4 months ago I gave birth. To this …
A plant. I’m sure you read all about it in the medical journals. It was a natural delivery. No epidural or drugs or anything. I’m a champ.
Along with all the seedlings I grew, I also bought an acorn squash plant from a nursery. It was teeny, tiny when I bought it. It is not teeny, tiny anymore.
I plant acorn squash every year in the same spot for the same reason with the same consequences. Much like people, plants have places they’re happy in. And they all have their own individual happy places. Where your happy place might be a Sound of Music inspired drag show at midnight, a basil plant’s happy place is a large pot in the sun.
My squash plant’s happy place is right in front of my porch by the front door. It grows like crazy there, and I always have squash to eat right into February.
The consequence to this, is every year the plant outgrows its tiny space and takes over the grass with such a vengeance the letter carrier needs to give it a wide berth and occasionally beats it with a stick. She often swears at it. The squash plant swears back.
The grass dies, it looks gross and the vine is messy looking. Every year I swear I’m going to do something about my sprawling squash plant other than swear at it. See? The stupid plant has everyone swearing. I’ve tried to run the plant up on the porch railing, I’ve tried tomato cages (clearly not thinking clearly) and lattice work behind the plant to tie it to. None of this stuff worked.
So this year I decided while I was making a comfortable home for the chickens, I’d also make a comfortable home for the squash plant. George. George the squash plant. In a related story, I think I might need more human friends.
The purpose of the vegetable cage is to increase your growing space by allowing the plant to grow up as opposed to out. And they are very easy to build.
Hardware Cloth (available at your local hardware store)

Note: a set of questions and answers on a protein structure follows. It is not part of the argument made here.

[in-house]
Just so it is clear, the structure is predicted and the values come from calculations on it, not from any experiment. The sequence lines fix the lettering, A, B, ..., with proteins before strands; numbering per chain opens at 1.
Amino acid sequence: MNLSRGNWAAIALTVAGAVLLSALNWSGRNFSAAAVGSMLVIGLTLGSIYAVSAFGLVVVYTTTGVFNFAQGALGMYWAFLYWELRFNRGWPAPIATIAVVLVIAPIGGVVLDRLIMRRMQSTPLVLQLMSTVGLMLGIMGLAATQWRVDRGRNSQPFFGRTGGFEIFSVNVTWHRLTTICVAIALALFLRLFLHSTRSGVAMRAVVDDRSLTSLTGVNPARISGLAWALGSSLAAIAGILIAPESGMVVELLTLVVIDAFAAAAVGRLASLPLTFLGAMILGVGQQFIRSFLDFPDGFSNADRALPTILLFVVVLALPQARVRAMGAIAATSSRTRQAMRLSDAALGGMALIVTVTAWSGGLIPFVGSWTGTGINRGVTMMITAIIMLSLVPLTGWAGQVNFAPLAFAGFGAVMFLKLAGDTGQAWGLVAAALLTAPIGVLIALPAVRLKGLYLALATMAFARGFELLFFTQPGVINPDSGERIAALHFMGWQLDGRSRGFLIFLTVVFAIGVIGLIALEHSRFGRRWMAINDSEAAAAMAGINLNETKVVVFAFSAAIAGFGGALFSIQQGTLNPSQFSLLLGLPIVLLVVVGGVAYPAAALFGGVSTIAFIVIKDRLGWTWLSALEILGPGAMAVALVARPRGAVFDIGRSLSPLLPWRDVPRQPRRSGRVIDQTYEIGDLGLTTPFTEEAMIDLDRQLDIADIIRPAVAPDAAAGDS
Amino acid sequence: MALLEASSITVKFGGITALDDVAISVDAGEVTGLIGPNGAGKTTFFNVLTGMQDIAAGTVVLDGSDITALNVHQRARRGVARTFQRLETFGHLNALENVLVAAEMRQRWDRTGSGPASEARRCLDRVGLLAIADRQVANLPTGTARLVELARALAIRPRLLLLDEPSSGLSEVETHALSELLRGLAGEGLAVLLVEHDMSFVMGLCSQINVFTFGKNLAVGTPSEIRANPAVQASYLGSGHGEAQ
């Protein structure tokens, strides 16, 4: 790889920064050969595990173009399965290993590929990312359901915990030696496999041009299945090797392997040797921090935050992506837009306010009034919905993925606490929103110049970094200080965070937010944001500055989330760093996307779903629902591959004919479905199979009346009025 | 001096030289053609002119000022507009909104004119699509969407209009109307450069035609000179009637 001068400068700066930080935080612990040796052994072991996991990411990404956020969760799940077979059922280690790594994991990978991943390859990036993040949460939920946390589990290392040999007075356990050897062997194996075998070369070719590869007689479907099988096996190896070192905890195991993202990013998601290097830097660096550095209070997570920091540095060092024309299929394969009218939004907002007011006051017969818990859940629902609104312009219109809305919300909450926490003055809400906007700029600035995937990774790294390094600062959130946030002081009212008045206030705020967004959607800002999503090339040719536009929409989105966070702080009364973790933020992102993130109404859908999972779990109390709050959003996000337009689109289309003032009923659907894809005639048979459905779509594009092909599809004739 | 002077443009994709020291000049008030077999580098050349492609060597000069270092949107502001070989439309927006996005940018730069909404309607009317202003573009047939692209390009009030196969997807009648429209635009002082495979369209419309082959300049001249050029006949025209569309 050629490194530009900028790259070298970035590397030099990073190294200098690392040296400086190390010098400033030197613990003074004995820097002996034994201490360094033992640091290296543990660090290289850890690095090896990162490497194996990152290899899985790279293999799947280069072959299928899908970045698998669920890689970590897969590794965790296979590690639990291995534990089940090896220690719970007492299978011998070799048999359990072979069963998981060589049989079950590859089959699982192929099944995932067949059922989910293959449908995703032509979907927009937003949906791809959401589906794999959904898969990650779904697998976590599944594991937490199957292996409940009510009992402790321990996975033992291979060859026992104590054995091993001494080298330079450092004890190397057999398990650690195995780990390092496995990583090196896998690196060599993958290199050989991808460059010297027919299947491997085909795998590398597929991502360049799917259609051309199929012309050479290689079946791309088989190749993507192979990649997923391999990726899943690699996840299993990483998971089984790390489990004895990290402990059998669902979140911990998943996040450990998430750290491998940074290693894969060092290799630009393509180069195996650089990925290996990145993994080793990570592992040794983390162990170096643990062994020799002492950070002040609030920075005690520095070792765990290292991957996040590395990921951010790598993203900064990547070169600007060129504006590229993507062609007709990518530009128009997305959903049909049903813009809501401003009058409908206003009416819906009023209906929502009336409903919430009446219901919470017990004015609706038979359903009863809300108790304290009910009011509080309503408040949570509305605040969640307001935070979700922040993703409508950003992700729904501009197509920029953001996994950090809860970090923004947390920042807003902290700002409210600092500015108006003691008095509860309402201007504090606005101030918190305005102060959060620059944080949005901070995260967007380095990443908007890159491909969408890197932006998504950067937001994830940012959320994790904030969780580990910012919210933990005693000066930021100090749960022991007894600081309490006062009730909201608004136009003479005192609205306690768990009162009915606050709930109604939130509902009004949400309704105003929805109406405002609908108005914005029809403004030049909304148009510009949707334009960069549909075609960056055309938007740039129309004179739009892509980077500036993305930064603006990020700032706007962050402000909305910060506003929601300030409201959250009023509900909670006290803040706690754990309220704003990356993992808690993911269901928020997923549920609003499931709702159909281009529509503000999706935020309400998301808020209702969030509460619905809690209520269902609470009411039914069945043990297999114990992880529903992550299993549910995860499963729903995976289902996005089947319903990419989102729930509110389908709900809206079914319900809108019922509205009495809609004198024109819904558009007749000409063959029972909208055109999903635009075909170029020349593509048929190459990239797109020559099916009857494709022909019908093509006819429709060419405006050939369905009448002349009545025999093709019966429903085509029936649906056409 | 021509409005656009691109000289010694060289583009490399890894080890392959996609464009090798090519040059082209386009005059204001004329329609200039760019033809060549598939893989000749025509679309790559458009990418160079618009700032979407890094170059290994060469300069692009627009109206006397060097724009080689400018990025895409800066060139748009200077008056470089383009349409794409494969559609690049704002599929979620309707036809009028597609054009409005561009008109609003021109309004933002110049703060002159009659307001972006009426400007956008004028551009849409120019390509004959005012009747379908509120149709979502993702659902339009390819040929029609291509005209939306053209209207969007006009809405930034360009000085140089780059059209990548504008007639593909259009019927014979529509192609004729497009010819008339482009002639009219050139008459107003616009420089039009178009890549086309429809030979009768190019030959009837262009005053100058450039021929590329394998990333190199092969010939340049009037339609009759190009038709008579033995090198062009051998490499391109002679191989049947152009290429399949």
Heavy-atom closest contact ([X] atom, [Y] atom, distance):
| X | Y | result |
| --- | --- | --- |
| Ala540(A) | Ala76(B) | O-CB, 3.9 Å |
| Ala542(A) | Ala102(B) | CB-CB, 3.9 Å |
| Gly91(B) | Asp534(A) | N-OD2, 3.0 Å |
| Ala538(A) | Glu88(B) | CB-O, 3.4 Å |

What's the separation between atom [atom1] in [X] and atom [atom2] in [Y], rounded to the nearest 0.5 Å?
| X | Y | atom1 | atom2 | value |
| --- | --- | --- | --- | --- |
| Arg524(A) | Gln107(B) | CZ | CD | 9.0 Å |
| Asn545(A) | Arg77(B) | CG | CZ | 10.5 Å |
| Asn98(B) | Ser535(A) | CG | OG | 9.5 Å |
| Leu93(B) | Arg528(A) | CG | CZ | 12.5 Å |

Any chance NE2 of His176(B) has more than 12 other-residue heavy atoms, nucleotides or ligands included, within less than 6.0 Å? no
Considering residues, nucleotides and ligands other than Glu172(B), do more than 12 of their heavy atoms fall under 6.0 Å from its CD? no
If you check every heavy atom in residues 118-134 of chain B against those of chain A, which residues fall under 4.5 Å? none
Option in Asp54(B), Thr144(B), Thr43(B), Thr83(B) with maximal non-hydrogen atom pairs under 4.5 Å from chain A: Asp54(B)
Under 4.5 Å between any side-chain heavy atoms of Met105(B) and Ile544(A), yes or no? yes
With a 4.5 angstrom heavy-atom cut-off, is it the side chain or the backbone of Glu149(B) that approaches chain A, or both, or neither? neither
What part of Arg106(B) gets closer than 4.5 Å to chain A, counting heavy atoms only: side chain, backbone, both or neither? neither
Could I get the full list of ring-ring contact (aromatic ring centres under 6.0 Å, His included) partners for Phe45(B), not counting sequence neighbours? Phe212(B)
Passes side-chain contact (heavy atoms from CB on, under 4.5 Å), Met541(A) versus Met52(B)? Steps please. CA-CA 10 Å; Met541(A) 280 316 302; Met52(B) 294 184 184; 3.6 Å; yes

Tin snips or heavy duty scissors
Rebar (or whatever other strong stick like things you have handy … bamboo … broom poles ..)
Measure out how much hardware cloth you need. I measured my plant and ascertained I would need a square that was around 2’6″ all on all sides.
You can use this same method of building a vegetable cage for any climbing, rambling vegetable by the way.
Cut your hardware cloth to the size you need. Mine is 3′ high (which is the width of the hardware cloth) by 10′.
When you’re cutting your hardware cloth, make sure you leave one end with the tails on. You’ll see what I mean later on.
To fold the hardware cloth into a square, run it along a length of wood and fold up, or if you have a good eye and hands, just bend it by hand.
Shape your cloth into a box, then weave the tails of the one end of hardware cloth through the holes in the other end. Fold the ends over and your box will be secure.
Place your hardware cloth box over your vegetable and then hammer your rebar into the corners to give the box strength and help it keep its shape.
Wire the rebar to the hardware cloth.
If you’re fancy like I am, cause only fancy people have acorn squash growing in their front yard, you can cut the rebar level with the hardware cloth.
To do this you’ll need a zip cut. It’s a tool that has a dangerous revolving sharp thing that’ll cut through metal. But it makes sparks and you’ll feel pretty cool using it. Be very careful though.
And there you have it. The Vegetable Cage. Took about an hour.
Give it a few more weeks and this plant will have crawled up and will be spilling over the top of the hardware cloth. I suspect it’ll crawl all the way up and then all the way back down again, but it’ll keep the plant off my grass and contained. If it weren’t right in front of my porch I could have made the Vegetable Cage higher. But it is, so I didn’t.
Other Plants for a Vegetable Cage
All squash varieties
In closing, I’d like to remind you all that it is not normal to name your plants. It is, however, normal to find your happy place at a Sound of Music inspired drag show.